Historical geography is an active, theoretically-informed and vibrant field of study within modern geography, with strong interdisciplinary connections with the humanities and the social sciences. The SAGE Handbook of Historical Geography provides an international and in-depth overview of the field with chapters that examine the history, present condition and future significance of historical geography in relation to recent developments and current research. The Handbook is in two volumes, divided across nine parts. Volume One includes commentaries on the history and geography of historical geography, and reviews how historical geographers have considered the appropriation, management and representation of landscape, the changing geographies of property, land, money and financial capital, and the demographic, medical and political analysis of the world's growing and mobile population. Volume Two shows how historical geographers have made significant contributions to geopolitical debates about the relationships between nation-states and empires, to environmental challenges posed by human interaction with the natural world, to studies of the cultural, intellectual and political implications of modern science and technology, and to investigations of communicative action, artefacts, performances and representations. The final part reviews the methodological and ethical challenges of historical geography as a publicly engaged research practice. Part 1: Histories and Geographies; Part 2: Land and Landscapes; Part 3: Property and Money; Part 4: Population and Mobility; Part 5: Territory and Geopolitics; Part 6: Environment and Nature; Part 7: Science and Technology; Part 8: Meaning and Communication; and Part 9: Studies in Practice.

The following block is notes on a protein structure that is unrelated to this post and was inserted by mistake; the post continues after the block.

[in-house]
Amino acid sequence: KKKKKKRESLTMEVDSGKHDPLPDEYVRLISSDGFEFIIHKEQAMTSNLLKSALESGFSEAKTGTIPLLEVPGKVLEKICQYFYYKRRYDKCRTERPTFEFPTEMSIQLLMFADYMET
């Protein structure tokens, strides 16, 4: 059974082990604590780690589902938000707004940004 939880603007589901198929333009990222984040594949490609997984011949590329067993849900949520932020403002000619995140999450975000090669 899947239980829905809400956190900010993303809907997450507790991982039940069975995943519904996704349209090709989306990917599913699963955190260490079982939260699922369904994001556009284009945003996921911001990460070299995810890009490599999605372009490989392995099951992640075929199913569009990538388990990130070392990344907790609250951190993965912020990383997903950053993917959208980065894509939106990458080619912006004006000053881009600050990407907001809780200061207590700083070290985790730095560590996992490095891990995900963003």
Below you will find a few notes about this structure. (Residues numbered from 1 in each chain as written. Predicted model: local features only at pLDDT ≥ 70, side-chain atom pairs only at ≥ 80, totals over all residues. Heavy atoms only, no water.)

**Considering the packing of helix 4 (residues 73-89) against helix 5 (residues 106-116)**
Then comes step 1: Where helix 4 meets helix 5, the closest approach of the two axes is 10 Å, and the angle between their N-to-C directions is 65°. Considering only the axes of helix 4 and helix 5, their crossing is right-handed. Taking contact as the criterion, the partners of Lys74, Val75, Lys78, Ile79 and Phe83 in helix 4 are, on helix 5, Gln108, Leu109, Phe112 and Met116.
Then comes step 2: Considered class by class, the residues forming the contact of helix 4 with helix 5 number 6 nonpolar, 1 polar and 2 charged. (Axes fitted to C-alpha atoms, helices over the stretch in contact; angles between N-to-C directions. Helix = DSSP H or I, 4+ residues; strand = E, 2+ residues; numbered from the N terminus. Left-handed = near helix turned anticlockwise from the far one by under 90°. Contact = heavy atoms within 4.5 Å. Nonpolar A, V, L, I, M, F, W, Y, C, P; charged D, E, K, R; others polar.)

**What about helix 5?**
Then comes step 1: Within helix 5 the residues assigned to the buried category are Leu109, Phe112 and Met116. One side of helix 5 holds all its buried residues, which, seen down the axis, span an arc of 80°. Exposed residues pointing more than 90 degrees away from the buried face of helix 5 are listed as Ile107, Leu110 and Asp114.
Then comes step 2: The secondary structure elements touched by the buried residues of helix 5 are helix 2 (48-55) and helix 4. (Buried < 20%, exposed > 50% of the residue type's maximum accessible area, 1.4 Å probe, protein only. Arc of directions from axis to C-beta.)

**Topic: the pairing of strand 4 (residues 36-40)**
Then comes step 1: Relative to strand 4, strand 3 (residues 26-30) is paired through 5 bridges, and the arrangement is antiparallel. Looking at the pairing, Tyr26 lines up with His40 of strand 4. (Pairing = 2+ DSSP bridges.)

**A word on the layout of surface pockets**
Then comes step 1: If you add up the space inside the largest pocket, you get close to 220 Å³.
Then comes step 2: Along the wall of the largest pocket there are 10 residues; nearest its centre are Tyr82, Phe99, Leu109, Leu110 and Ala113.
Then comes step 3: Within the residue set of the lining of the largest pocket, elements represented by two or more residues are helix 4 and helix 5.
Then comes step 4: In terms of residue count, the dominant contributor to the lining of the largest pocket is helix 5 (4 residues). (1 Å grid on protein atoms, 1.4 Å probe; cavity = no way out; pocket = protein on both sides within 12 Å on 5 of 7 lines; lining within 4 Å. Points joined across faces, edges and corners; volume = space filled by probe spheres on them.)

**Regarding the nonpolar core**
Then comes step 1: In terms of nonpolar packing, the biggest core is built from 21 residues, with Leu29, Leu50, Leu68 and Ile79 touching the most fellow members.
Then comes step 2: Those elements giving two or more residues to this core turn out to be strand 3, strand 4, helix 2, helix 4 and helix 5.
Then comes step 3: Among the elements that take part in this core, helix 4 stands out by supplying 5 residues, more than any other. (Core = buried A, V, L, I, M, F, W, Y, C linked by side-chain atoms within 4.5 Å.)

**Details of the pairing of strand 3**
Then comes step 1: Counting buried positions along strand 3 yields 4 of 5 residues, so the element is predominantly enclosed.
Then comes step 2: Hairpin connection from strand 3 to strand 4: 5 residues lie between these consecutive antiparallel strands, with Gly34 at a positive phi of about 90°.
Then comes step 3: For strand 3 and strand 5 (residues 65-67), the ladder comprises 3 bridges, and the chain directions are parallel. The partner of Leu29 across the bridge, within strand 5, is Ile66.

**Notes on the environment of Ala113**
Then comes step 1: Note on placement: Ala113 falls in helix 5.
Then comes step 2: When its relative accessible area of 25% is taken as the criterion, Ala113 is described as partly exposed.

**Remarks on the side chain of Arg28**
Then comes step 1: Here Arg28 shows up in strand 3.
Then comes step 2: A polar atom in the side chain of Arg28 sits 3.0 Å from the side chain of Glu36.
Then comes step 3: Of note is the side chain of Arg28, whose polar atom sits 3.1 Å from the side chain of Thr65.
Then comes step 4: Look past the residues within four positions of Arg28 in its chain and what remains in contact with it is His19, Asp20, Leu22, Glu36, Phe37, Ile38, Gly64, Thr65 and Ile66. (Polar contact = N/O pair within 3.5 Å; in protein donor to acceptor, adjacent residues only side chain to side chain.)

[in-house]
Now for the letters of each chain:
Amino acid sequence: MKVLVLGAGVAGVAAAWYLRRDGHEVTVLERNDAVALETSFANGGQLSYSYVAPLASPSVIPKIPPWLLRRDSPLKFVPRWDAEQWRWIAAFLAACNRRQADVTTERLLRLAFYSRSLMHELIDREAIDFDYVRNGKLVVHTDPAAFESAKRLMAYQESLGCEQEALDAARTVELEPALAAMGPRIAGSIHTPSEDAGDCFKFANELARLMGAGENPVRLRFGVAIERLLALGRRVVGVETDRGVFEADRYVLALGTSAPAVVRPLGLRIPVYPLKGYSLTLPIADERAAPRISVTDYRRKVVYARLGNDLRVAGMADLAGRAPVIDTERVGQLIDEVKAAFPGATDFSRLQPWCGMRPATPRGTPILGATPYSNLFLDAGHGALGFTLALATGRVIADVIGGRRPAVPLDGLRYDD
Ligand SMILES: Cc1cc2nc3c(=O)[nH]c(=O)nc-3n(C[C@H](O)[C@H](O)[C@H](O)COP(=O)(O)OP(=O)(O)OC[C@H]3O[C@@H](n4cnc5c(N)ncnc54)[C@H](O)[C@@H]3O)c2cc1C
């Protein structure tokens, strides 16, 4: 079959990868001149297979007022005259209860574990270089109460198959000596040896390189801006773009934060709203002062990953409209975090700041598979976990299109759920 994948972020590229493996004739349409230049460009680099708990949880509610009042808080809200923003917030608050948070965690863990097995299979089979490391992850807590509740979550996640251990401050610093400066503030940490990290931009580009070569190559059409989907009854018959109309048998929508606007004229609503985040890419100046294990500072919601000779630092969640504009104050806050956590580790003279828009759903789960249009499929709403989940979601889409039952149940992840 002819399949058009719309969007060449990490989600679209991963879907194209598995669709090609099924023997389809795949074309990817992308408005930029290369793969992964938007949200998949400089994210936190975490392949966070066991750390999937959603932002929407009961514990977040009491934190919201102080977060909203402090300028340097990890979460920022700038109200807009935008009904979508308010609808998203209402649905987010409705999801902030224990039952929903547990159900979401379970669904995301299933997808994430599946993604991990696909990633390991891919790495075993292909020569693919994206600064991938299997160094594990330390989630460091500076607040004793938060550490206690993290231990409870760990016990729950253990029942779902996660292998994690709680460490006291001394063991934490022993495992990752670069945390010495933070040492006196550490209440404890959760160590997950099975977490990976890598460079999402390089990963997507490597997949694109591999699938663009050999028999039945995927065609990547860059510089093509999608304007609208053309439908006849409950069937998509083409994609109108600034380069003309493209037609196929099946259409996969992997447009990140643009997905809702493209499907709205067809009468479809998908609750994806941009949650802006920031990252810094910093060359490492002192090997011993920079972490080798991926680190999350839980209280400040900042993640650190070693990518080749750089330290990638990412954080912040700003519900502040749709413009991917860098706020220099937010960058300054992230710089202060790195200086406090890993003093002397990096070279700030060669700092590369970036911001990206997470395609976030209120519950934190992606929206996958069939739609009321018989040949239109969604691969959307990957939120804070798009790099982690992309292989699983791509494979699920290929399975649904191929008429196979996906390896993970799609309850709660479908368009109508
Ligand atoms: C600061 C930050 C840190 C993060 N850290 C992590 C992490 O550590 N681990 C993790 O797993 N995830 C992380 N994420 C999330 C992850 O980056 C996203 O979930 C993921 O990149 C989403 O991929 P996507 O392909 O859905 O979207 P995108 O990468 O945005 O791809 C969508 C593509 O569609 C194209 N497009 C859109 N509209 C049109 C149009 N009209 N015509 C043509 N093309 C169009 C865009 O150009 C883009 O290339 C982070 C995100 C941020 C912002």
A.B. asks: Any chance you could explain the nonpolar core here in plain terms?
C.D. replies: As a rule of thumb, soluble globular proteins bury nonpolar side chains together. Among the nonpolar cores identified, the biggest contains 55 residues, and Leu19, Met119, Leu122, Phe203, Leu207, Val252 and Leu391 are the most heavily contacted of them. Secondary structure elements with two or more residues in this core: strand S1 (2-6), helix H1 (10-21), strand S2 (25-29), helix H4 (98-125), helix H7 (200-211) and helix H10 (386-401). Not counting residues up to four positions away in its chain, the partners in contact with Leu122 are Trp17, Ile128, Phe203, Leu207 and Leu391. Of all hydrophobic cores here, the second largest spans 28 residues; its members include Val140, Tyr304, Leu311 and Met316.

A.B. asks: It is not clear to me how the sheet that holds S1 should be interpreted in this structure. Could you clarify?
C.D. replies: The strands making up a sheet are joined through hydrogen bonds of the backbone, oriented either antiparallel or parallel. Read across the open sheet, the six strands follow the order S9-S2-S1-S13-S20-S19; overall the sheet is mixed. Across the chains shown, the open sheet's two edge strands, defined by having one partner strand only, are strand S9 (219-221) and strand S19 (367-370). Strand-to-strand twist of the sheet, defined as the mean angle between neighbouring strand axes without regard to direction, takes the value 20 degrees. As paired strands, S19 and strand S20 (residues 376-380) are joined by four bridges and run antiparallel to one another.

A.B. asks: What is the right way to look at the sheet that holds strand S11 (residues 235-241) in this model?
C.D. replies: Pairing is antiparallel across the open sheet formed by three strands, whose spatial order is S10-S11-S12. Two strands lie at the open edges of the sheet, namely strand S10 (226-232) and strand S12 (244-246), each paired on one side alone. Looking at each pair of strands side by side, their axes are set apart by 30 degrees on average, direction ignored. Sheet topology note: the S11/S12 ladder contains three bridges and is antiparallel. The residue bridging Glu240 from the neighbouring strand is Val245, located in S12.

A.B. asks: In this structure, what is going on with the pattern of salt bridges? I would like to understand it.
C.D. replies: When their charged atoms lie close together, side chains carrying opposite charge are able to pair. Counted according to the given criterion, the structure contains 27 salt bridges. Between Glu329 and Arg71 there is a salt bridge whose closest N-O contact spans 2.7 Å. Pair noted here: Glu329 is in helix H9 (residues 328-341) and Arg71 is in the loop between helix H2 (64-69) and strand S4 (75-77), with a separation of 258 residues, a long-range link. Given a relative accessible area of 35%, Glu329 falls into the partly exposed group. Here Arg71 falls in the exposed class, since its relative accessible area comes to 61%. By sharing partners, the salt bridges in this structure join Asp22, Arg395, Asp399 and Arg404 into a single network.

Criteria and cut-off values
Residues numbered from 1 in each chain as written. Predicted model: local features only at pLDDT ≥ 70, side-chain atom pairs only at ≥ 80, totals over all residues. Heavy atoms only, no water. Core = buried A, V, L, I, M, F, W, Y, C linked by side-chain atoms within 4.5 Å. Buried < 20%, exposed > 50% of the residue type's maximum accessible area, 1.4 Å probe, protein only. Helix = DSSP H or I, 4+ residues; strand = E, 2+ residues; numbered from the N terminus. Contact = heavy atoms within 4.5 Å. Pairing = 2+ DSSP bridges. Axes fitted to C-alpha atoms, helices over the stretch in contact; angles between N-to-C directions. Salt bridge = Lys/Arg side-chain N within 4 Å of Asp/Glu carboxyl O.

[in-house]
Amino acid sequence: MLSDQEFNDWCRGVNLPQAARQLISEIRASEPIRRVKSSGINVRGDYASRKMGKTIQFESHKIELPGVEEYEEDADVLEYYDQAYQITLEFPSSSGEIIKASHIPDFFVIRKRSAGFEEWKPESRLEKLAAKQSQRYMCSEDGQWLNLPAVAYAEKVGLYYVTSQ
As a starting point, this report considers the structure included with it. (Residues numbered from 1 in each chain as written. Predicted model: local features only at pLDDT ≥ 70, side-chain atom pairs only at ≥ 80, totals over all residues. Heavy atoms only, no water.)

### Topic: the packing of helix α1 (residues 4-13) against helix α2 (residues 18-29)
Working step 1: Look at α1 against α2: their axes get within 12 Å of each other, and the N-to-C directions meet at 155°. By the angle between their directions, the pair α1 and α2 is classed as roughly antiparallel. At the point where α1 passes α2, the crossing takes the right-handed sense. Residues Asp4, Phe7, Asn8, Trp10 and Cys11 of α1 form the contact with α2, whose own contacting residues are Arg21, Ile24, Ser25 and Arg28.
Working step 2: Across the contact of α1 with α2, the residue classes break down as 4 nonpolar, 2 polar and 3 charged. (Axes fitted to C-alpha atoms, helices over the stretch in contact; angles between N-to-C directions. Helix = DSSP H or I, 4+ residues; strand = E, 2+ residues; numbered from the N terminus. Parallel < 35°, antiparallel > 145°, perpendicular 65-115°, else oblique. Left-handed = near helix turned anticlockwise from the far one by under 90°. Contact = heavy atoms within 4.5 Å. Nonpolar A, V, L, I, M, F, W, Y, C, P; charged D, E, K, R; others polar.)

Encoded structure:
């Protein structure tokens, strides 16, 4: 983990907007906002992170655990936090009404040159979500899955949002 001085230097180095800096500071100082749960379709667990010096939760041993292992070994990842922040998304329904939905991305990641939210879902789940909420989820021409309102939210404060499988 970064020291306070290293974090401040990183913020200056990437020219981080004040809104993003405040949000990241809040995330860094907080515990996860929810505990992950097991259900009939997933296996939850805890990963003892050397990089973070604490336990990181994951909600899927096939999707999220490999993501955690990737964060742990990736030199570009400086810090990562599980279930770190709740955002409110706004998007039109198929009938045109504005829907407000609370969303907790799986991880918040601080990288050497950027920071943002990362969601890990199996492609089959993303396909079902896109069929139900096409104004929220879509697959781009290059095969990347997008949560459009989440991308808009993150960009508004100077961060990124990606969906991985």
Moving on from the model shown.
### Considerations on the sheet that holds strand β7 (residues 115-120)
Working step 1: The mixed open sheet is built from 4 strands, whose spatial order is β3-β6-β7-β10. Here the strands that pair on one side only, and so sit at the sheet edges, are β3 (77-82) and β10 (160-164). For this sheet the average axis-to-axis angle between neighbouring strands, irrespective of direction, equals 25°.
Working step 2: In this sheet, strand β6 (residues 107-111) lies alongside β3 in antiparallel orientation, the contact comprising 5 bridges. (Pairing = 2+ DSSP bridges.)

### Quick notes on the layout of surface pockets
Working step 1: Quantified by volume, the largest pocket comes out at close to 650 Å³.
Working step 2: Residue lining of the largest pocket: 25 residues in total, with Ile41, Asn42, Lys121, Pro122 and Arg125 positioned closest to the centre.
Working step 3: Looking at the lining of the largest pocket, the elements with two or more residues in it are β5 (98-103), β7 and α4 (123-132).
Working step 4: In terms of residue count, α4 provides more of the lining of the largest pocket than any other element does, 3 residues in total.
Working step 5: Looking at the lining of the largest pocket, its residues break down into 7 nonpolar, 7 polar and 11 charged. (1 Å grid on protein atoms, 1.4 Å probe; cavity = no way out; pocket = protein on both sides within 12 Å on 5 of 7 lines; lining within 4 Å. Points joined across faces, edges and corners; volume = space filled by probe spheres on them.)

Property and Money
Property and money
Mona Domosh

Introduction

Under capitalist modes of production, property – whether that refers to land, buildings, or copyrights – is defined principally through monetary value. Yet this has not always, nor everywhere, been the case. The chapters in this part elaborate on the various impacts that the equation of property with money has had on peoples’ lives and livelihoods. They raise new questions about the relationship between capitalist economies, space, and place, and bring a new awareness to longstanding questions in historical geography about capitalism and empire: what temporal and spatial relationships exist between money and territory? How does money as value circulate within and become fixed as cultural landscapes and built environments? In what ways did European empire building and settler ...

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